"You may want to buy a fuel-efficient car," quoth Obama, "but you may not be able to afford it. And so you're stuck with the old clunker that's getting 8 or 10 miles a gallon."

Eight to 10 mpg? Which clunker would that be? I wondered. An old Hummer? Your father's father's Oldsmobile? A late-model Lamborghini? It takes a luxury brand, a boat-sized machine and/or a few decades to approach those dismal mileage numbers.

An 11-year-old Pontiac minivan, for example, gets 17 mpg in the city, 24 mpg on the highway.

You have to go back to the Carter administration years or earlier to find Obama's idea of a gas-guzzling family car — and even that vehicle would have been a van, light truck/SUV or luxury model. And yet he is behind the wheel of Washington's energy policy.

Can you blame me for believing Team Obama was pushing the pedal to the metal in a rush for higher gas prices?

On March 11, Obamaland pushed back against the perception that its anti-drilling policies — implemented in the wake of the April 2010 BP Deepwater Horizon blowout — have contributed to high prices at the pump. The cost of filling one's gas tank has risen uncomfortably close to $4 per gallon in the Bay Area of California.

The administration rightly notes that domestic oil and natural gas production have increased since 2008, while imports have decreased.

OK, but: Erik Milito of the American Petroleum Institute told Environment & Energy Publishing, "The increased production levels in 2010 are a credit to the vision of previous administrations." Milito credited the 1995 Deepwater Royalty Relief Act signed by Bill Clinton and passed by a GOP-controlled Congress.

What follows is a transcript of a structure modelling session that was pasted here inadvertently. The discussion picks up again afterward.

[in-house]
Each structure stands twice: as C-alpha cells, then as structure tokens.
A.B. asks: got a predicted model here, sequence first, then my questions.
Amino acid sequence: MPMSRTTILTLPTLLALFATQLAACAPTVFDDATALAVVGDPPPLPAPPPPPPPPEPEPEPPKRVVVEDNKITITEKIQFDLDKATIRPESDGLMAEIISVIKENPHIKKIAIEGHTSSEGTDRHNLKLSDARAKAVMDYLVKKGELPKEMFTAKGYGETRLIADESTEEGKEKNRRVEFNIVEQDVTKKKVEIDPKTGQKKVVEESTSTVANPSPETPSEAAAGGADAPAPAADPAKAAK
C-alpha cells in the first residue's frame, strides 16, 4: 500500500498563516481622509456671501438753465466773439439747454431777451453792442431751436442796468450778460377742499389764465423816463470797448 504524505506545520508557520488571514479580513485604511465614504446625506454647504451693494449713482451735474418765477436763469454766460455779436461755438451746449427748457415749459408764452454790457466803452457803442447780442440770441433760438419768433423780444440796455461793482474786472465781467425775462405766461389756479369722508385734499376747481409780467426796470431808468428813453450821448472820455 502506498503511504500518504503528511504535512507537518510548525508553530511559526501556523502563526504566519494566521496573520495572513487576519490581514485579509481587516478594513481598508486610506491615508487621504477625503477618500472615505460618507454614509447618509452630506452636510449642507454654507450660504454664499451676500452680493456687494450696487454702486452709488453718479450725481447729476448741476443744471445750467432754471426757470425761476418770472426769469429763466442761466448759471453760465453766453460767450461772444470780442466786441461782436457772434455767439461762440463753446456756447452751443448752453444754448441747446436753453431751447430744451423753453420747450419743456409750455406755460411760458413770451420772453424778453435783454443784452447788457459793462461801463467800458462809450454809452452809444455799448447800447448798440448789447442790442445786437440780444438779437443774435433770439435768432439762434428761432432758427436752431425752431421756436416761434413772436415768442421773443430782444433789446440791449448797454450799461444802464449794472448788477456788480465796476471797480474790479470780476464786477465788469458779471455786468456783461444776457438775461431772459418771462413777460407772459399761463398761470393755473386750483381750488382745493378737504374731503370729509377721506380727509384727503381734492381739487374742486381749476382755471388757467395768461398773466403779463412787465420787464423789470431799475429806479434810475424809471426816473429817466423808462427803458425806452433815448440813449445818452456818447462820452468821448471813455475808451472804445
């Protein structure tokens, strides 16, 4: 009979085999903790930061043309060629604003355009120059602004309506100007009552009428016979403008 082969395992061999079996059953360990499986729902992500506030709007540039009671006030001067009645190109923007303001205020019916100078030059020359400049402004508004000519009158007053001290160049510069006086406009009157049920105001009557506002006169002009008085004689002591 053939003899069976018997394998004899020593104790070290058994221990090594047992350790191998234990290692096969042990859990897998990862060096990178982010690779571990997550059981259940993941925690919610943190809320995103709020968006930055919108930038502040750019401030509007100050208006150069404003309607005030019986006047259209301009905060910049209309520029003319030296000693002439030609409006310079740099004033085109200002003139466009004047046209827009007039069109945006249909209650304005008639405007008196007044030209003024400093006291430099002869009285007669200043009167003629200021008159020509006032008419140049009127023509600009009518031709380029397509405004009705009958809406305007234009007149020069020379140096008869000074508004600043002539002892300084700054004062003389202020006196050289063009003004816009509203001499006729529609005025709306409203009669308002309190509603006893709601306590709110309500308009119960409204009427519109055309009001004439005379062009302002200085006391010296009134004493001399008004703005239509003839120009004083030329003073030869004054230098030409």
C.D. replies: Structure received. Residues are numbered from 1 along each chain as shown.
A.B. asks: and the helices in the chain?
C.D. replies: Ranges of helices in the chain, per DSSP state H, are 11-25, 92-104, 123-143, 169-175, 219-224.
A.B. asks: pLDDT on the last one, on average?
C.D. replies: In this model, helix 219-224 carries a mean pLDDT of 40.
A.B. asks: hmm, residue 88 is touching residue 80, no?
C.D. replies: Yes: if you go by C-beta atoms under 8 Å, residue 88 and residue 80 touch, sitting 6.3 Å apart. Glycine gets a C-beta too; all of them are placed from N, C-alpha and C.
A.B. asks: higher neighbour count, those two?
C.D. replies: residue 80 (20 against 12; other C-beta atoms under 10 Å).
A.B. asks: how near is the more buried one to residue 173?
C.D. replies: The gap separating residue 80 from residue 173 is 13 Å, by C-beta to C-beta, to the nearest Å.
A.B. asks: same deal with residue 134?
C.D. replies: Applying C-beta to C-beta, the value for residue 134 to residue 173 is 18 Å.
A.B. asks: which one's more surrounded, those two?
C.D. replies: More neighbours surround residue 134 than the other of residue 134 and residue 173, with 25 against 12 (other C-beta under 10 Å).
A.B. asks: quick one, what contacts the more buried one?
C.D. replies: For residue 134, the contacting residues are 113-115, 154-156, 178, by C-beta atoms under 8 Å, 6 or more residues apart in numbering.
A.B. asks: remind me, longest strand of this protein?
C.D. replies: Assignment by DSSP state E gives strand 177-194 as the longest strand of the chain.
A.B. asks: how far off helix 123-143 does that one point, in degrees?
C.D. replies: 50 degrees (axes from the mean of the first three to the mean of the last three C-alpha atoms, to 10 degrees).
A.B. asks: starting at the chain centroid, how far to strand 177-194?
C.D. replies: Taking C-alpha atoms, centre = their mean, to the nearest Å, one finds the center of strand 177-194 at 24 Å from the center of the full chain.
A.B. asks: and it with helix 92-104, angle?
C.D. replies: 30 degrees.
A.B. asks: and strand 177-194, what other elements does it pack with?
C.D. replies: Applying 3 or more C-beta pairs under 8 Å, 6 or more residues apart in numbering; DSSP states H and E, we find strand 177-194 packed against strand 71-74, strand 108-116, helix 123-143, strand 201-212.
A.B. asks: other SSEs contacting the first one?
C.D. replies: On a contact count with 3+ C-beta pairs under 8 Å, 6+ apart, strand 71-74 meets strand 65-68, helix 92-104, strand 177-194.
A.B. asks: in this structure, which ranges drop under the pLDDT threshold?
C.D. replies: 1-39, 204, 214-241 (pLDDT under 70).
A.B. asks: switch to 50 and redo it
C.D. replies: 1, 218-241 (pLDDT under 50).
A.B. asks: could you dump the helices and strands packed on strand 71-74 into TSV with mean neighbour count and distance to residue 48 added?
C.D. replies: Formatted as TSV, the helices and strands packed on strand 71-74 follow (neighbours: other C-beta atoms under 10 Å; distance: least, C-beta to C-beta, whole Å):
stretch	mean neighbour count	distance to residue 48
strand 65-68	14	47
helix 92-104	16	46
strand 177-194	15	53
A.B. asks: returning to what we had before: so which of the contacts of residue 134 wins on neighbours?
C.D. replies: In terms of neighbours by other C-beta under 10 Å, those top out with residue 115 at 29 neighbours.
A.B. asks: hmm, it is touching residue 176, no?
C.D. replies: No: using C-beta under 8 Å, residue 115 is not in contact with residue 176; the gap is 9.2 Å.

To his credit, Interior Secretary Ken Salazar had supported offshore oil drilling in the Gulf of Mexico. But after an oil platform explosion left 11 workers dead and coated beaches with oil, he reacted. Then Salazar overreacted.

Democrats like Sen. Mary Landrieu of Louisiana saw their home states suffer first from the oil spill, and then the oil-job shutoff. Landrieu came to vigorously oppose what had evolved into a de facto moratorium on drilling permits.

Clinton himself lamented "ridiculous delays in permitting when our economy doesn't need it." The administration didn't issue a permit since the blowout until last month — and then only after a federal judge's prompting.

Not to mention the steady job-killing creep of climbing gasoline prices.

There always has been a corner of Obamaland that doesn't appreciate the job-creating properties of cheap fuel. Now-Energy Secretary Steven Chu told the Wall Street Journal, "Somehow we have to figure out how to boost the price of gasoline to the levels in Europe." Chu said that in September 2008 — and still Obama picked him for the slot.

Then again, if you think there are a lot of Americans cruising Main Street in gas-guzzling monstrosities, you probably wouldn't even notice the high price of gasoline — until your approval ratings started to approach, well, Jimmy Carter levels.

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© 2011, Creators Syndicate